Is “Net Zero” a distracting buzzword for the water industry? Are we so caught up with the challenge of meeting net-zero goals that we’re sidelining other, more impactful objectives?
Below, I share my thoughts on how we can challenge the water industry to embrace the general narrative of the climate change movement differently, including:
- Why such a simple narrative is compelling yet problematic for the water industry
- Handprint versus footprint
- The key differences between carbon and water
- How utilities can focus on their handprint
Is “Net Zero” a distracting buzzword?
Right now, the water sector seems to be embracing the same narrative that the climate change movement is using: Net Zero, or the race to zero.
This is problematic within the context of the water industry. The attributes and complexities of a gallon of water and a liter of water are fundamentally different from a tonne of carbon. While this simple, linear narrative is compelling and has a lot of value, I actively push back on what net zero really means for the water sector.
This means having a broad view of what the water sector is — and it’s not just utilities, but the private sector, civil society, and so on. My caution is that we need to be mindful of what we might get if we are obsessed with net zero as a strategy in the water sector.Recently, I co-authored a paper with Austin Alexander from Xylem on how we can take the very broadly defined water sector and move it from an extractive industry to a renewables strategy. In place of the race to net zero that involves very uncertain outcomes, I believe that this is the conversation we need to be having.
A more sophisticated way of looking at water’s attributes — attributes that carbon doesn’t have — is needed, and the value creation that can be accessed when we expand our thinking beyond net zero.
Shifting the narrative: Handprint versus footprint
I’m a very vocal advocate of handprint versus footprint. My thoughts around this topic began a few years ago when I wrote an article, prompted by a good friend who works for Intel and who is very involved with climate change and carbon.
His view is that the handprint of Intel as a corporation is more powerful and more impactful than merely looking at its footprint. Thinking about what handprint provides and can deliver is the ability to leverage the unique attributes and value of a multinational corporation in terms of industry sector, the scale of their workforce, and the speed at which they can influence change.
In the private sector especially, but also the public sector, we really need to be shifting the narrative from footprint to handprint. Unfortunately, what I’ve often come up against are companies that are only interested in saving liters and gallons of water — a very simple volumetric calculation — because they’ve committed to becoming water neutral or water positive.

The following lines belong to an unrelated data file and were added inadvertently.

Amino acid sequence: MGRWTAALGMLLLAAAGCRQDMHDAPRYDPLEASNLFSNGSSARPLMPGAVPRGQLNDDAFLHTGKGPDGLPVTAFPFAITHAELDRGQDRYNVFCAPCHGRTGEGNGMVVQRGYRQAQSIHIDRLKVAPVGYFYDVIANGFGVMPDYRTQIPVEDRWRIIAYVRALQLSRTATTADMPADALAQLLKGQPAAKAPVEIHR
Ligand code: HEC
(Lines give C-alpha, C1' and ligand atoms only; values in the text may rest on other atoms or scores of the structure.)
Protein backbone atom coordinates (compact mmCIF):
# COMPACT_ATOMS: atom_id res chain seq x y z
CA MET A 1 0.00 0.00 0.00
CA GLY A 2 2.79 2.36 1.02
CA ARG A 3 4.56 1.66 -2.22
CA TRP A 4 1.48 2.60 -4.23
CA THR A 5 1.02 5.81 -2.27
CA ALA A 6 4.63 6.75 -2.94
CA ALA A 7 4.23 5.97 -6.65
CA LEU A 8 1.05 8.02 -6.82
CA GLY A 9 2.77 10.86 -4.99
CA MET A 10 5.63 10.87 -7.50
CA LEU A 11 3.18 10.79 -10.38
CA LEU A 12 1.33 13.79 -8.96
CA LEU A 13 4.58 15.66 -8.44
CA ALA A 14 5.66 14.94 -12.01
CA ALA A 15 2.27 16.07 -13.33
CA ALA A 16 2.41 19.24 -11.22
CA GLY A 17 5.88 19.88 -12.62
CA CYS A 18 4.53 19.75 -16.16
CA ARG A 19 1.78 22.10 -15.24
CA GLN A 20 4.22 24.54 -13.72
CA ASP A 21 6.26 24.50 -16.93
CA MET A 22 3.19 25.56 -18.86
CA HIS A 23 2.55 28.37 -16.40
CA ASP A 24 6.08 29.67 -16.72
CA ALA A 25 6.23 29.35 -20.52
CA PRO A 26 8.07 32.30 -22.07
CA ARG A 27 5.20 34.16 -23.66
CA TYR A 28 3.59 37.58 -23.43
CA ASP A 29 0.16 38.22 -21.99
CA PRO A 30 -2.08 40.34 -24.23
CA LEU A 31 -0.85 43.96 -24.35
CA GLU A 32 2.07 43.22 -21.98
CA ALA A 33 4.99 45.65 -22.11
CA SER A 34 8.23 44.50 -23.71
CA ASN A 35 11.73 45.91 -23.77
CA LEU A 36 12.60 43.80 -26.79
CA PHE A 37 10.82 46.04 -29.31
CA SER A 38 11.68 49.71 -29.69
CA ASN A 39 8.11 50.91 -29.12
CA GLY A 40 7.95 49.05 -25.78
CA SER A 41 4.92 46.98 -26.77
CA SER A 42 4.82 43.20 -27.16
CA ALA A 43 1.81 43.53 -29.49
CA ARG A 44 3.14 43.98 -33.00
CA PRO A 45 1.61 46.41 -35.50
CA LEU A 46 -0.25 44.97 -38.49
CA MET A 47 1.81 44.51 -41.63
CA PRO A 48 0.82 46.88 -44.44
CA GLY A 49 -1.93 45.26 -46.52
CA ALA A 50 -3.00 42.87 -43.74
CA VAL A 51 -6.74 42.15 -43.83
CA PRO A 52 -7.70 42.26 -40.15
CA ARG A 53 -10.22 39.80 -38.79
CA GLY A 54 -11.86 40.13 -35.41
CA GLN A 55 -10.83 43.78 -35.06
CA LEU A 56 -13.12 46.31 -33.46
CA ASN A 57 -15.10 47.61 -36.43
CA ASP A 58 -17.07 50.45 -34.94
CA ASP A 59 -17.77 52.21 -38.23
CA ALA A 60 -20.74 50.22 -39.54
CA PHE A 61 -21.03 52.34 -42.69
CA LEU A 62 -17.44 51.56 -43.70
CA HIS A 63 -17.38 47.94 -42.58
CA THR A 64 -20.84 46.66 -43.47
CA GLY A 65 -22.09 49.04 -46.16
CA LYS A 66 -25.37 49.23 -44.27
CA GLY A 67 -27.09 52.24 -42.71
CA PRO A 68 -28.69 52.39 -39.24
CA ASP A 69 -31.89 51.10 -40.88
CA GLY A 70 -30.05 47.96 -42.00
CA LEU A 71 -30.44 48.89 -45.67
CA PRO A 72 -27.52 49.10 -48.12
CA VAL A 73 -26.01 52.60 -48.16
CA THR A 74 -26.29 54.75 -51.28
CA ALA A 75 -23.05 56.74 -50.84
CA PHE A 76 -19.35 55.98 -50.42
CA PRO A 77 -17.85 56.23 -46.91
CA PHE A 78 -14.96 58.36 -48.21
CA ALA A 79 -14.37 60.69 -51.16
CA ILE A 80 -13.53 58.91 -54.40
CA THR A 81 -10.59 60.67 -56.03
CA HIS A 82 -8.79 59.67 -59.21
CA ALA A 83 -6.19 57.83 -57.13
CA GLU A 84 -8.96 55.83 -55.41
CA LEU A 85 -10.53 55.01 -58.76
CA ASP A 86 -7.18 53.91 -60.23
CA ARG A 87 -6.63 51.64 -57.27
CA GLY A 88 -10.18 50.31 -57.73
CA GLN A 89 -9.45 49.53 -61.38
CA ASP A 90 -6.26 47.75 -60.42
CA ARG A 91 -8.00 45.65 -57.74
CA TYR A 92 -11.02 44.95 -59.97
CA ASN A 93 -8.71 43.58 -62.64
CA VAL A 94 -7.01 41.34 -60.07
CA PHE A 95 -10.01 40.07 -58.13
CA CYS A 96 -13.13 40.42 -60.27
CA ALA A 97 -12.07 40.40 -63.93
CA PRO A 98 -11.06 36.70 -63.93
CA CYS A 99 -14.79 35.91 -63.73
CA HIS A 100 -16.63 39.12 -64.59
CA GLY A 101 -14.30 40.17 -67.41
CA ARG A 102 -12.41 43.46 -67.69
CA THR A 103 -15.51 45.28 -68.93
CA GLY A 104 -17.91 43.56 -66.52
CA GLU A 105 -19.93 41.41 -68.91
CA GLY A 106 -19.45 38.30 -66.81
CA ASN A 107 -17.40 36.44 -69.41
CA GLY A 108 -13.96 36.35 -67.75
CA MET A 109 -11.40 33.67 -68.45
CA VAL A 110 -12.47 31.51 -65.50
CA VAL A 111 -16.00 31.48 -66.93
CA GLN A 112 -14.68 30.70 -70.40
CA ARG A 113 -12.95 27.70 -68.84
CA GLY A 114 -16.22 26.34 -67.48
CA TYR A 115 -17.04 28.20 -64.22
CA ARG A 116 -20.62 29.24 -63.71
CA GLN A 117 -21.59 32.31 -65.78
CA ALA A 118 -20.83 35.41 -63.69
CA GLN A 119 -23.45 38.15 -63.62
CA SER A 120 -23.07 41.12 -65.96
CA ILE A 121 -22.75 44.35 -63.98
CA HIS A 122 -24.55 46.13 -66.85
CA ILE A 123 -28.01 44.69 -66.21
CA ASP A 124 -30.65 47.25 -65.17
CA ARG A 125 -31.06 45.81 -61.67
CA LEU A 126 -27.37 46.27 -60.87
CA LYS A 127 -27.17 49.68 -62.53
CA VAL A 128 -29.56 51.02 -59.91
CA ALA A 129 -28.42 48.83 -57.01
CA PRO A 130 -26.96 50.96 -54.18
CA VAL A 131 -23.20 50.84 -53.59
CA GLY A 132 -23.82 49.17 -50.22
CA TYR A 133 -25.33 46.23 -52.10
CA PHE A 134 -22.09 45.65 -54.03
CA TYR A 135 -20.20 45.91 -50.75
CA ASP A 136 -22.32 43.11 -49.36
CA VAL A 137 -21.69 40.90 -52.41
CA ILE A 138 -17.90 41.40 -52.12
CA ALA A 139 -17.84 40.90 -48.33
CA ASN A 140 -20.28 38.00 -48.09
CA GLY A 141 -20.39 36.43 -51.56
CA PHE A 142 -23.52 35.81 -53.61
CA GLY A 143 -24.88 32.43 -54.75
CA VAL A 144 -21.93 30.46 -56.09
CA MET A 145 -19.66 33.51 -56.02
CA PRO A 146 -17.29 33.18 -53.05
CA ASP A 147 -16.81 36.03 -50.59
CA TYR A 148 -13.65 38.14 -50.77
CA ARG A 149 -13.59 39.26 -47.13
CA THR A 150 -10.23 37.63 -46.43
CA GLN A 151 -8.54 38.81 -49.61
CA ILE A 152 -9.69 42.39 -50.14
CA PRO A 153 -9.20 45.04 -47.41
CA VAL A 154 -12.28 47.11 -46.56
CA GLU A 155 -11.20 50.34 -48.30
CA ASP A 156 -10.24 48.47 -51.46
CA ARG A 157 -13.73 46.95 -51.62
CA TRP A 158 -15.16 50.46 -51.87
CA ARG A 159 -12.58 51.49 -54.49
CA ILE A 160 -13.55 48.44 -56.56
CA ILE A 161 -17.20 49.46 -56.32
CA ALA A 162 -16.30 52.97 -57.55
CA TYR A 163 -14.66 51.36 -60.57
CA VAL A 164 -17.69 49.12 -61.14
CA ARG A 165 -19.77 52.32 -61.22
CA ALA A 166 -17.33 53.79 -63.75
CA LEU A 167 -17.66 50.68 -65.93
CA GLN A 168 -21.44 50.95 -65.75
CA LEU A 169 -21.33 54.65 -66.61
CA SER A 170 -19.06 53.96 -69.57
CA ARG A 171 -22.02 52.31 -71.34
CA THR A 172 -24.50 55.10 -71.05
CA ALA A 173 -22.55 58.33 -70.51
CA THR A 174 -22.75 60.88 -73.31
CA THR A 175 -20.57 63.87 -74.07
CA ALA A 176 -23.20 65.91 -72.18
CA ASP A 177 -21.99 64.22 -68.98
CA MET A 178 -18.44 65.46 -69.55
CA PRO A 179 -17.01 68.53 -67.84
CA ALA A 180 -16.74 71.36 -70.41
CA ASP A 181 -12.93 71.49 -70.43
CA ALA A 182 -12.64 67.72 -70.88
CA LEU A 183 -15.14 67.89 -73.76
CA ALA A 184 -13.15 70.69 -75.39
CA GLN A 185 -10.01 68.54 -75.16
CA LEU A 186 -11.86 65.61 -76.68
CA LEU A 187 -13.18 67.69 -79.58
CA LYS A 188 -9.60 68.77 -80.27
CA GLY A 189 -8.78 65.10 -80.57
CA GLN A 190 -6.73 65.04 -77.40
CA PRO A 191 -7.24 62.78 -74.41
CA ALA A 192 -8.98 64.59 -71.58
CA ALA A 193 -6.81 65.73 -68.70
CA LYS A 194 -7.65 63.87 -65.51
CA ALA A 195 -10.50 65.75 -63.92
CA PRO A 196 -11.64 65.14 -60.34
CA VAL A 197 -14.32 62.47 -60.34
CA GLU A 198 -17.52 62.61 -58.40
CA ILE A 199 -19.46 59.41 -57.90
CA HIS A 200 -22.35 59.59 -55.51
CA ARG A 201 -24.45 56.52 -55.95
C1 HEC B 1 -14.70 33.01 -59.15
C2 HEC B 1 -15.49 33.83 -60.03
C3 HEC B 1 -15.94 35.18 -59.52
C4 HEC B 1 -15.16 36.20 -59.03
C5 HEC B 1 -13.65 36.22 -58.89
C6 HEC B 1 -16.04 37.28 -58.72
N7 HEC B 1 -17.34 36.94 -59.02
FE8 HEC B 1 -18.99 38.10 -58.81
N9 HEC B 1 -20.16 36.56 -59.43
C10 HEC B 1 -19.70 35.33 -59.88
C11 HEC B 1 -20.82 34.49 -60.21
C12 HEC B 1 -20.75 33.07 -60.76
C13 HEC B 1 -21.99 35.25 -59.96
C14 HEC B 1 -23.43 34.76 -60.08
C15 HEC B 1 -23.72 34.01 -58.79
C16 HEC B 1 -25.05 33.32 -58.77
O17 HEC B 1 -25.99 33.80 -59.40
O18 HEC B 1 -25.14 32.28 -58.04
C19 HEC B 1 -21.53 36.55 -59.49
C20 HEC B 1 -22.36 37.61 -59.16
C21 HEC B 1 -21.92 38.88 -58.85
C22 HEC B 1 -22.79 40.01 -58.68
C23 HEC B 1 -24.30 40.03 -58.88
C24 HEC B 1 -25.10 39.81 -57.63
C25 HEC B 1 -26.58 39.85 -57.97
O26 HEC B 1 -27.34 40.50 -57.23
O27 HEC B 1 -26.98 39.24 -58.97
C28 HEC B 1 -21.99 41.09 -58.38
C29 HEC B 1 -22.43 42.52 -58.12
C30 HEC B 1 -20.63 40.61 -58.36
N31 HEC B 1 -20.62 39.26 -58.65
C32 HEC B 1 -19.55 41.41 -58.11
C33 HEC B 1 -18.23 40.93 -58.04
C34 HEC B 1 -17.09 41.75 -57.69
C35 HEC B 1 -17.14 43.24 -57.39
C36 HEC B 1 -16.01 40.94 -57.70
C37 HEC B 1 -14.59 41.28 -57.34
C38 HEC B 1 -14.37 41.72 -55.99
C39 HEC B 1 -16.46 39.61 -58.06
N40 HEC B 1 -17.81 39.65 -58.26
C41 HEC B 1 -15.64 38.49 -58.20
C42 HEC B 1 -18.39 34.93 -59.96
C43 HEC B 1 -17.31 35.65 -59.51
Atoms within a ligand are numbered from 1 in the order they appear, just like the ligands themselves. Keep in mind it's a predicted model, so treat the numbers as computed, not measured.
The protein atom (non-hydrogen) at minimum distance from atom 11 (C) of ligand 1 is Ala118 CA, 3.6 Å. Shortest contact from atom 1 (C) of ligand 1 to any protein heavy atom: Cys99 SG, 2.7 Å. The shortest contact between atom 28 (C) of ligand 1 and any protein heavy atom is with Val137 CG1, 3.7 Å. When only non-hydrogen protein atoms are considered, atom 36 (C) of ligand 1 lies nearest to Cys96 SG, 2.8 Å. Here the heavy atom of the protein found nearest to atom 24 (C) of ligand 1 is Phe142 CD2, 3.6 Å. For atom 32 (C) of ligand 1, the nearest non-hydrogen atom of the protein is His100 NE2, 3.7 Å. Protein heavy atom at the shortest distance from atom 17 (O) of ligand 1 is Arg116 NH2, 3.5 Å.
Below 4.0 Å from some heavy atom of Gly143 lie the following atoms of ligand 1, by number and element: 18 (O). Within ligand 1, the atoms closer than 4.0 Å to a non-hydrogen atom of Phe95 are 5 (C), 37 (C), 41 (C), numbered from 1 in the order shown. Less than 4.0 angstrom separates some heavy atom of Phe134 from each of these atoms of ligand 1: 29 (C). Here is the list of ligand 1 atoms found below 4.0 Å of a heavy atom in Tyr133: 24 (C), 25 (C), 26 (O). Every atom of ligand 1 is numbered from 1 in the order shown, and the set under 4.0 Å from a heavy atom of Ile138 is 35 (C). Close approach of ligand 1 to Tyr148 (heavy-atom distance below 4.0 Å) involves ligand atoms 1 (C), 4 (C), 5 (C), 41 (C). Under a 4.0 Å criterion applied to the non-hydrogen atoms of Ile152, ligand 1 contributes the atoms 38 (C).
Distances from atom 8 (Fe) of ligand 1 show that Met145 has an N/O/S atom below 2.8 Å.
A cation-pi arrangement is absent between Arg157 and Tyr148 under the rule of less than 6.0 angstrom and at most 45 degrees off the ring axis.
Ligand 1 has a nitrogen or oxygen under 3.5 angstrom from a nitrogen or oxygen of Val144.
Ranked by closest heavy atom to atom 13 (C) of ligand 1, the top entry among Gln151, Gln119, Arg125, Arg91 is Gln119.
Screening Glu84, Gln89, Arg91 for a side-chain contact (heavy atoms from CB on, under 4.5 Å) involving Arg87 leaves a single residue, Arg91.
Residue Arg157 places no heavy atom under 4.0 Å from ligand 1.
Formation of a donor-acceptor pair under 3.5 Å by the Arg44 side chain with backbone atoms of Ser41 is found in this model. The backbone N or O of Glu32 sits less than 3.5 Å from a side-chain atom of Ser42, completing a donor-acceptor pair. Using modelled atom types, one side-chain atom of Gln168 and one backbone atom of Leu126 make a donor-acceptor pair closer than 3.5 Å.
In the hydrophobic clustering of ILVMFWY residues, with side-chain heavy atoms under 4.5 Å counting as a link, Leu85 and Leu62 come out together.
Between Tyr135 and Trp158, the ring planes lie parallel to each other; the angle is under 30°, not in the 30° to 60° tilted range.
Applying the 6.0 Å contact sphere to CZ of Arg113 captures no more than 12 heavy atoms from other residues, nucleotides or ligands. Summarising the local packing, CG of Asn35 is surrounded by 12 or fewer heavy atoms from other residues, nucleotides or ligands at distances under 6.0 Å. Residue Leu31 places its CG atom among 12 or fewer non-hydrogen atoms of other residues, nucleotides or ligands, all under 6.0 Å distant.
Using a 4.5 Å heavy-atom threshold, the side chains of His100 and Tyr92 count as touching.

In terms of what the private sector could do to be part of the solution, there are so many more opportunities, and I believe it’s time for both the public and the private sector to think about their handprints and what they can deliver.
Focusing on the differences between carbon and water
For some, this might be controversial, but when we look at the differences between water and carbon, carbon accounting is easy because it’s fungible. A tonne of carbon is the same anywhere in the world. A liter of water is unique, and water has environmental, economic, social, and spiritual attributes that need to be honored and understood if we are to address water scarcity, poor water quality, and equitable access to water.
Essentially, we’re dumbing the issue down if we treat water the same way we do carbon accounting. I’m not implying that addressing climate change is easy — it certainly is not. But, I do think that we are really hurting ourselves if we take water and push it into a carbon construct, all the while ignoring some of the very unique and valuable attributes of a liter of water.
How utilities can focus on their handprint
Let’s look at the opportunities that utilities have with respect to handprint versus footprint impacts. Reducing their footprint involves reducing energy use and their carbon footprint by being more efficient in how they extract, transport, and treat water — all of which are great.
The handprint for utilities, however, considers issues such as their role in increasing education and awareness within their customer base and workforce.
Helping civil society understand that this is not a drought, that this is a long-term trend, and that we need to fundamentally change how we value and manage water is a challenge for the water industry and the American West. For me, the utility sector’s handprint opportunity is on the softer side of addressing some of the water challenges that we face right now and will continue to face.
Utilities don’t just deliver water. They engage with consumers, customers, civil society, and a range of stakeholder groups. If we can get the utility sector to think about how critical a role they play, beyond delivering safe drinking water and water for other purposes, I believe we can mobilize the sector and do bigger things faster to solve some of the challenges that we’re facing right now.